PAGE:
Estimated State of Recovery Using statistical data from FEMA’s HAZUS program, the task group reviewed estimated damage data for single-family residences. The average estimated recovery duration for residences on the coast was less than 30 days, which may be low considering the intensity and duration of ground shaking that will likely result from a Cascadia subduction zone event in this area. In the valley, the estimated recovery duration is 72 hours, which again may underestimate the damage. The eastern zone is expected to have negligible damage (again based on the Hazus estimates). These results are compared with a target state of recovery of 30 days, which is based on the need for shelter as an essential part of disaster recovery and resilience. The recovery time of multifamily housing was not reviewed by the task group. Recovery time for smaller light wood framed buildings will be similar to single family homes. Larger buildings of other construction types will have longer recovery times. The loss of low income multifamily housing will affect economic recovery. Sector Specific Recommendations Improving existing structures will require significant education of homeowners, who need to understand the risks, the potential costs, and the steps necessary to evaluate and correct deficiencies. Additionally, common structural deficiencies should be noted during home inspections at the time of purchase. It is

The Oregon Resilience Plan – Critical and Essential Buildings – February 2013

92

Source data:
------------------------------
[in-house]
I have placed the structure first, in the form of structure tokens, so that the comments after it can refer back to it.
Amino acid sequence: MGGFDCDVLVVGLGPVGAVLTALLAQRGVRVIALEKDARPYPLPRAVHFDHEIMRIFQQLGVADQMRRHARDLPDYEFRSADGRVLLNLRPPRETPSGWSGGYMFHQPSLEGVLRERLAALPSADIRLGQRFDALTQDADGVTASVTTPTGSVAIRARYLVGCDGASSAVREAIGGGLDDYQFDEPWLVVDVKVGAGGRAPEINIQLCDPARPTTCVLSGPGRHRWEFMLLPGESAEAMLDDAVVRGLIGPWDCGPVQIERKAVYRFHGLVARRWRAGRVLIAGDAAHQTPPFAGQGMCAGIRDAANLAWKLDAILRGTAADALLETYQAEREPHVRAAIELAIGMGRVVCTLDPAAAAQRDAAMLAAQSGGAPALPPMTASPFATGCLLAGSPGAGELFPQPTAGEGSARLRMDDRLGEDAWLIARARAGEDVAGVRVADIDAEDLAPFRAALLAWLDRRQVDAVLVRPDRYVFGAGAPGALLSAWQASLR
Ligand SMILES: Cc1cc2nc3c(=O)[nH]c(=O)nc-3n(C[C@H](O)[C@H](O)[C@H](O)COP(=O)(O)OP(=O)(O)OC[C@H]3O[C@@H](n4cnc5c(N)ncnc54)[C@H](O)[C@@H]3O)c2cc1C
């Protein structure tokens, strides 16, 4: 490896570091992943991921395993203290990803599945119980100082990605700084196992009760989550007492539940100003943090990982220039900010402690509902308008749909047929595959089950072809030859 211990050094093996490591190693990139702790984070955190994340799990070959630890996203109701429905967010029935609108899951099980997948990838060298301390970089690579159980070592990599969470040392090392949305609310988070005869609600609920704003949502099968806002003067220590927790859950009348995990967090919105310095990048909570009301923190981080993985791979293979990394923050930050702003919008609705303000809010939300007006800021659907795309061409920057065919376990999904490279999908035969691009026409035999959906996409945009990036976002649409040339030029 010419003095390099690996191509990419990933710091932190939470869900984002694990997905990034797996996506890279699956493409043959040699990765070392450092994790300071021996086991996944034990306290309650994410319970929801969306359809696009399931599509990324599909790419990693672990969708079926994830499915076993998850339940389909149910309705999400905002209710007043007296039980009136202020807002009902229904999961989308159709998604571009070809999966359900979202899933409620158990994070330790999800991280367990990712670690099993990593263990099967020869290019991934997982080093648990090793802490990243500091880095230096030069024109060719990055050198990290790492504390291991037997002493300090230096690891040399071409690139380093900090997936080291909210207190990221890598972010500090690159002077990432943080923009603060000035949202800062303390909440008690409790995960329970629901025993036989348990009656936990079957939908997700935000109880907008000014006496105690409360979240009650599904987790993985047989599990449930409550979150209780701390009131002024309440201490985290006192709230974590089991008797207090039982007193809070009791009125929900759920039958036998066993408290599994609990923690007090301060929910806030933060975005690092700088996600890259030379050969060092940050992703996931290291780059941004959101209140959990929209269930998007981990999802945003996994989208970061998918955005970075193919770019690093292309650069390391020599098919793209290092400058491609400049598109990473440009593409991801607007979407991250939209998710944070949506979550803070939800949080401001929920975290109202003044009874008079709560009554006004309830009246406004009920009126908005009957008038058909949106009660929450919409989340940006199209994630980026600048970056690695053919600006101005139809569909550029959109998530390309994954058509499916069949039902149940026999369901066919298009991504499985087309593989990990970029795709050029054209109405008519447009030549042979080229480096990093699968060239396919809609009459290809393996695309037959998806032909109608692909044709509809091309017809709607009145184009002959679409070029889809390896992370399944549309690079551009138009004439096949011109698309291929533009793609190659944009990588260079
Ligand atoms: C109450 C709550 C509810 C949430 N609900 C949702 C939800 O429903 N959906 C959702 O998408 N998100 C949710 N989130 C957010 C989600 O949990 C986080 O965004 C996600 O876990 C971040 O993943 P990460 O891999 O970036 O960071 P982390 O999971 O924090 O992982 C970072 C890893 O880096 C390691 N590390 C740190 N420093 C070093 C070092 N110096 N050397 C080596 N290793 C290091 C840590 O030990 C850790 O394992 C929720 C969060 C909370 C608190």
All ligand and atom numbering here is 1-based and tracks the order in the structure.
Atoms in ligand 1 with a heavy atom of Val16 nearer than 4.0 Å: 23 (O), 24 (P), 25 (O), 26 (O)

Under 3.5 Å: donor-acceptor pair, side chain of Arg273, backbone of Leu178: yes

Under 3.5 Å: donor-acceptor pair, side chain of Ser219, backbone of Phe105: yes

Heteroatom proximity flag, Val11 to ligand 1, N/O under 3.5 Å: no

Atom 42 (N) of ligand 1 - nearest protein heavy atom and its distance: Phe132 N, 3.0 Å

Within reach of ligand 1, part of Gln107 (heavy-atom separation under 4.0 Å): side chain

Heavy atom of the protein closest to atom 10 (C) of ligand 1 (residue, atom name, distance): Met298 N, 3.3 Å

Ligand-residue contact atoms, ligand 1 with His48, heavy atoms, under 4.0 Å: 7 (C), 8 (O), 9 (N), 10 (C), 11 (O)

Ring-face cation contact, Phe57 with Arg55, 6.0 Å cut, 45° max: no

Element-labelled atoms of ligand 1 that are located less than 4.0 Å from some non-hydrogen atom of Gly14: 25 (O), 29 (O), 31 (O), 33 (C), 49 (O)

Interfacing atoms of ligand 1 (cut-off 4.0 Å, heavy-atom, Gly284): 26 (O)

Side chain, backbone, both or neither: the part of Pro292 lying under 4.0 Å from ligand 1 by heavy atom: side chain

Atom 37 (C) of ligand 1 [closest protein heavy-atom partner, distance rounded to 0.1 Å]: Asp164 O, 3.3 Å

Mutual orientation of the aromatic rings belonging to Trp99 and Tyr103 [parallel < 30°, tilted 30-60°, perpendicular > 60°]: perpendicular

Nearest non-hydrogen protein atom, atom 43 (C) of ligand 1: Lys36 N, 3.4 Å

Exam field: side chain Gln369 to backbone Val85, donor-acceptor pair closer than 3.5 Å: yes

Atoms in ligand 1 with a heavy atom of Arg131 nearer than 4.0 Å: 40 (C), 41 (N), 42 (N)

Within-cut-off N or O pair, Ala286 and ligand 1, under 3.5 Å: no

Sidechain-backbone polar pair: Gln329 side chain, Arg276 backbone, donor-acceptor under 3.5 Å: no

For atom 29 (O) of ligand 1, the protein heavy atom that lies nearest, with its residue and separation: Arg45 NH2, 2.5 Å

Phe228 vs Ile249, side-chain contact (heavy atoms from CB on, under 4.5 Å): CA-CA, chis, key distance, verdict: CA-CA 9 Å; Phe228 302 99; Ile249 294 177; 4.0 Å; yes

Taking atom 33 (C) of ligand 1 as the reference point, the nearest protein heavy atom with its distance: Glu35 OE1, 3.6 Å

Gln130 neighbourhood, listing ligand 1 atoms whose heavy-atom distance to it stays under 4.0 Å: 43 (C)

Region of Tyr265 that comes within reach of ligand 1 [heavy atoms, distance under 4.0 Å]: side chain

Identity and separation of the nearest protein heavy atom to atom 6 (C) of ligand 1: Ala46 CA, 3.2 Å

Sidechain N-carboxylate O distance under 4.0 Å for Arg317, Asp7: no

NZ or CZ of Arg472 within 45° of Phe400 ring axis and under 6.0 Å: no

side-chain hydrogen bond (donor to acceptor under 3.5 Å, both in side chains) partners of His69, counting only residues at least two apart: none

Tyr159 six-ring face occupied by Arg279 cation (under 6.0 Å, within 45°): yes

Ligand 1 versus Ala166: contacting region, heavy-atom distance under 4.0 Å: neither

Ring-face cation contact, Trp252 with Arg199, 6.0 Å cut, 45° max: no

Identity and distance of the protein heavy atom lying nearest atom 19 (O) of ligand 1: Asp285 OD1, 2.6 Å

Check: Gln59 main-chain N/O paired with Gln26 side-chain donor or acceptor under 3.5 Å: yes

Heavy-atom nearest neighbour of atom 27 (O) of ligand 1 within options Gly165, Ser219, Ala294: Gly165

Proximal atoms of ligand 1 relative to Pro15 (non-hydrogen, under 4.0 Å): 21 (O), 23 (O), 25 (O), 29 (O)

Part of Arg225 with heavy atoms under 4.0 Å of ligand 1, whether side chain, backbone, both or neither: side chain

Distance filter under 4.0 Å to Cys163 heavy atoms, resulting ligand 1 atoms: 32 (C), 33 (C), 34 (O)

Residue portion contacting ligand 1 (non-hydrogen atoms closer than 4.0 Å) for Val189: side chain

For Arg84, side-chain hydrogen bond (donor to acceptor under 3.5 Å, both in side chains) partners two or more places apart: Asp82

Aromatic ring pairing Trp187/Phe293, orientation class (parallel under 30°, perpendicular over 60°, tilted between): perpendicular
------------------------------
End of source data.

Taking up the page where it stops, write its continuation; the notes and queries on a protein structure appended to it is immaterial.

likely that homeowners will bear the majority of the expenses for upgrading deficient structures; however, financial incentives, such as tax credits and low interest loans, might be considered to encourage improvements if future evaluations, based on more complete data, show unacceptable damage estimates. Outreach should seek to provide education and resources for homeowners. A number of such tools are already available, though not widely known. FEMA provides a number of publications on their website for homeowners, such as FEMA-530 Earthquake Safety Guide for Homeowners. The City of Portland has also created a guide, Brochure #12-Residential Seismic Strengthening – Methods to Reduce Potential Earthquake Damage and provided additional information on the Bureau of Development Services website at www.portlandoregon.gov/bds. COMMUNITY RETAIL CENTERS AND BANKS Introduction There are thousands of community retail centers and banks within the state of Oregon. These types of facilities have been deemed critical buildings because of their importance to the post-disaster recovery of communities throughout the state. The most important of the many community retail buildings in the state are large supermarket and pharmacy chain stores, which have large inventories of supplies that will be in high demand following a disaster. Many of these large chains have remote storage and distribution centers that will be of equal importance for supplying goods to damaged communities. Banks also have an important role in Oregon’s seismic resilience, as they will be critical to processing vital financial transactions for businesses and consumers as they recover from the disaster. Although many banks have emergency response plans in place, if the buildings they are housed in perform poorly during an earthquake, overall resilience will be compromised. FEMA’s Hazus analysis includes a wide variety of commercial buildings, including some overlap with other structures evaluated separately in this report using different analysis methods. However, part of this large group of commercial buildings includes wholesale and retail buildings and banks, which were reviewed to estimate the resilience of these structures. A specific estimate of building quantities for this subset was not available, but the statistical analysis considered their construction types, general age, and historical performance. The number of retail and bank buildings in each county was assumed to be proportional to the overall distribution of commercial buildings. Structural Vulnerabilities The construction types anticipated statistically by Hazus for retail buildings vary with the building’s age. Prior to 1950, wood, steel, concrete, concrete masonry (CMU), and even unreinforced masonry (URM) were common. As construction practices changed, buildings shifted toward larger stores, and the post1970 Hazus statistics reflect this, with greater use of CMU and concrete, including precast (or tilt-up) construction which began to see much wider use after 1970. Statistics for bank buildings also reflect